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Bergamot Essential Oil -- We Love You! (Even if we don't know exactly what you are)

I was at the monthly member luncheon at Hera Hub Temecula (a spa inspired, female focused co-working space: to learn more click here) and the owner and founder Dr. Alisha Wilkins starting sharing about how much she loved bergamot essential oil -- and lovely Sarah, the brand and media specialist sitting next to her wholeheartedly agreed.

Now bergamot essential oil is probably not a typical topic for a business co-working space, but in a previous luncheon I hosted an aroma inhaler workshop where I invited members to create an inhaler with a palate of essential oils that included bergamot, which the group fondly remembered.

While you are probably familiar with lemon, orange, grapefruit, and lime and can easily get them at the grocery store, you might be surprised to learn that bergamot is also a citrus fruit -- but like lemon or lime, not the kind you want to eat.

And you could say bergamot is a little bit country and a little bit rock and roll. Like most citrus fruits bergamot offers a bright punch of limonene -- that sunshiny uplifting quality (the rock and roll). It also offers linalool and linalyl acetate -- the same soothing and relaxing aromatic molecules as lavender (the country). And as I enjoyed geeking out talking about the limonene, linalool, and linalyl acetate and bergamot's uplifting and relaxing qualities my fellow Hera Hubbetes nodded in agreement -- who doesn't want to feel both uplifted and relaxed?

So yes bergamot we love you!

But in all transparency bergamot does have a dark side -- that is if you are looking to add it to skin care products or use it topically.

Bergamot essential oil is what we in the aromatherapy world call -- phototoxic. It's a word spell check doesn't like and maybe doesn't make sense but here's what it means: phototoxic oils make your skin more sensitive to UV radiation.

In other-words it's like the opposite of sunscreen. A phototoxic substance can cause serious blistering and burning if applied to the skin that is exposed to the sun. Bergamot is particularly sensitizing. The dermal limit for cold pressed bergamot is 0.4% (that's 0.4 g per 100g of product or on the order of 1-2 drops per ounce).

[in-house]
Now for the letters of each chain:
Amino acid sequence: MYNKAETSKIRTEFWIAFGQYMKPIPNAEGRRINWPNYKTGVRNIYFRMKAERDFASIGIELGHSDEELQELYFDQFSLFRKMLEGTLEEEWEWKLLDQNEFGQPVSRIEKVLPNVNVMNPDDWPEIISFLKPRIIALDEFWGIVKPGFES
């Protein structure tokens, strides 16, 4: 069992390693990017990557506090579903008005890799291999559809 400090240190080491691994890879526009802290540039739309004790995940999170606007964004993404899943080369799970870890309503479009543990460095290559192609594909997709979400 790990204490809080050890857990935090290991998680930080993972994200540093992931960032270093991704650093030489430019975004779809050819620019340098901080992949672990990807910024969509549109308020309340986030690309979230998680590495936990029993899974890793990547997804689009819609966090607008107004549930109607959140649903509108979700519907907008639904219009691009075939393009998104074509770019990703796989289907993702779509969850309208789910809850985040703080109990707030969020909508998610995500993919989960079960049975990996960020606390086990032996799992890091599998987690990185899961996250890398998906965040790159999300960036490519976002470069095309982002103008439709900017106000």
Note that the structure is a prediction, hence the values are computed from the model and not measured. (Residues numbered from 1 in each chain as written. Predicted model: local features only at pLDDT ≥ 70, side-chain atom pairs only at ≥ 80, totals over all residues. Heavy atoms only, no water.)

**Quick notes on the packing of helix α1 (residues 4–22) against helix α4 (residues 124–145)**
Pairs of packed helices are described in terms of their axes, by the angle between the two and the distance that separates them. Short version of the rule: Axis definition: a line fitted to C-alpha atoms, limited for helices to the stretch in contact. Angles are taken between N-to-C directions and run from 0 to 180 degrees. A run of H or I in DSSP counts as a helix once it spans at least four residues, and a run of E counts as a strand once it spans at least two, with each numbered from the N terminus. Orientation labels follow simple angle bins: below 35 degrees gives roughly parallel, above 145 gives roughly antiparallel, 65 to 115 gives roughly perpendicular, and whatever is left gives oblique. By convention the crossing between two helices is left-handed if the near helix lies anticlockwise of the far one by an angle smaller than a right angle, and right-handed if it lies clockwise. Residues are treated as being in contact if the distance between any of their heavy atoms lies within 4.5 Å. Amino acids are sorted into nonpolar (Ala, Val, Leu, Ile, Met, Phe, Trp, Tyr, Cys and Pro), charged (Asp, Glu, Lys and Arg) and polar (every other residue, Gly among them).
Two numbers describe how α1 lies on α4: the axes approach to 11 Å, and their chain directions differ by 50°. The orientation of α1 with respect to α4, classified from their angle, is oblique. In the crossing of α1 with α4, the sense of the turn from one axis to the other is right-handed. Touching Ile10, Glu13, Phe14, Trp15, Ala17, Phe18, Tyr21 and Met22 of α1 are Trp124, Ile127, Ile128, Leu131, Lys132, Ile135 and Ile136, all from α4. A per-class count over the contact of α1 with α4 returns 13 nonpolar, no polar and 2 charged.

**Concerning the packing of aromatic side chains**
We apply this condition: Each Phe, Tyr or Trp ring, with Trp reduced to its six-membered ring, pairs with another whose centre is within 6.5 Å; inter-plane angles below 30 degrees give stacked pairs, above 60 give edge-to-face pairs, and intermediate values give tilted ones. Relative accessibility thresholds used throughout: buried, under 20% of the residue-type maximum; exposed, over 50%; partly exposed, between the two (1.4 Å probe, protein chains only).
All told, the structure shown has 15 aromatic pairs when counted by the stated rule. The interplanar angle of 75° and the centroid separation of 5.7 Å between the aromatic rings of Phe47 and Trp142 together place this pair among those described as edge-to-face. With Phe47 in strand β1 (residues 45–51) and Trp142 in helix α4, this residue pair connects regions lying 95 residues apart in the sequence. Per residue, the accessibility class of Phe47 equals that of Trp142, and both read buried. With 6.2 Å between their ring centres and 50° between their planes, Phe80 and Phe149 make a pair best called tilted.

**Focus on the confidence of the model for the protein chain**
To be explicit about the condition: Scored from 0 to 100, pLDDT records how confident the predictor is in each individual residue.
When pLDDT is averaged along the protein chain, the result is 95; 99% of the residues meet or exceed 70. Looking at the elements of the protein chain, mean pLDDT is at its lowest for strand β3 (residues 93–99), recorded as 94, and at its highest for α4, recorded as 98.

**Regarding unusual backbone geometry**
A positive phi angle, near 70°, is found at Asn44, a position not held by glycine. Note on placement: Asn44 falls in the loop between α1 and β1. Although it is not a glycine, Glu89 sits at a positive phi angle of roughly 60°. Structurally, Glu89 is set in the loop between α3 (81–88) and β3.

But there is a solution. It's called called FCF or furocourmarin free or bergaptene free bergamot. It's a rectified bergamot that is free of the aromatics that cause the phototoxic effect. But you can't get too crazy with it even without the furocourmarins. Like other citrus oils bergamot is prone to oxidation and can cause sensitization and is best used in low dilutions (say 1 - 2%). If you are making products be sure to check safety guidelines.

More interesting facts about bergamot: Did you also know that the flavor is an integral part of Earl Gray tea? And the fruit is mostly grown in the Italian region of Calabria (a place I definitely want to visit -- it looks gorgeous. Field trip anyone?).

Bergamot is an amazing addition to perfume, personal care, and an aromatherapy treasure and makes a great cup of tea. Just be sure to use it safely.

Bergamot we love you!

Here's a spa-inspired diffuser blend that features bergamot:

Uplift & Relax Diffuser Blend: This blend features sunshiny bergamot and lemon, refreshing peppermint, and woodsy balsam fir. It's like a brisk walk in the woods on a sunny day.

Add to a diffuser:

3 drops bergamot

2 drops lemon

2 drops peppermint

2 drops balsam fir (or other fir)

Run diffuser as directed and enjoy

Bergamot is featured in our Be Tranquil Blend, Stress-Less inhaler, and Quiet Focus blend.

Are you a fan of bergamot? Or do you have another citrus oil you love?

Aromatic blessings,



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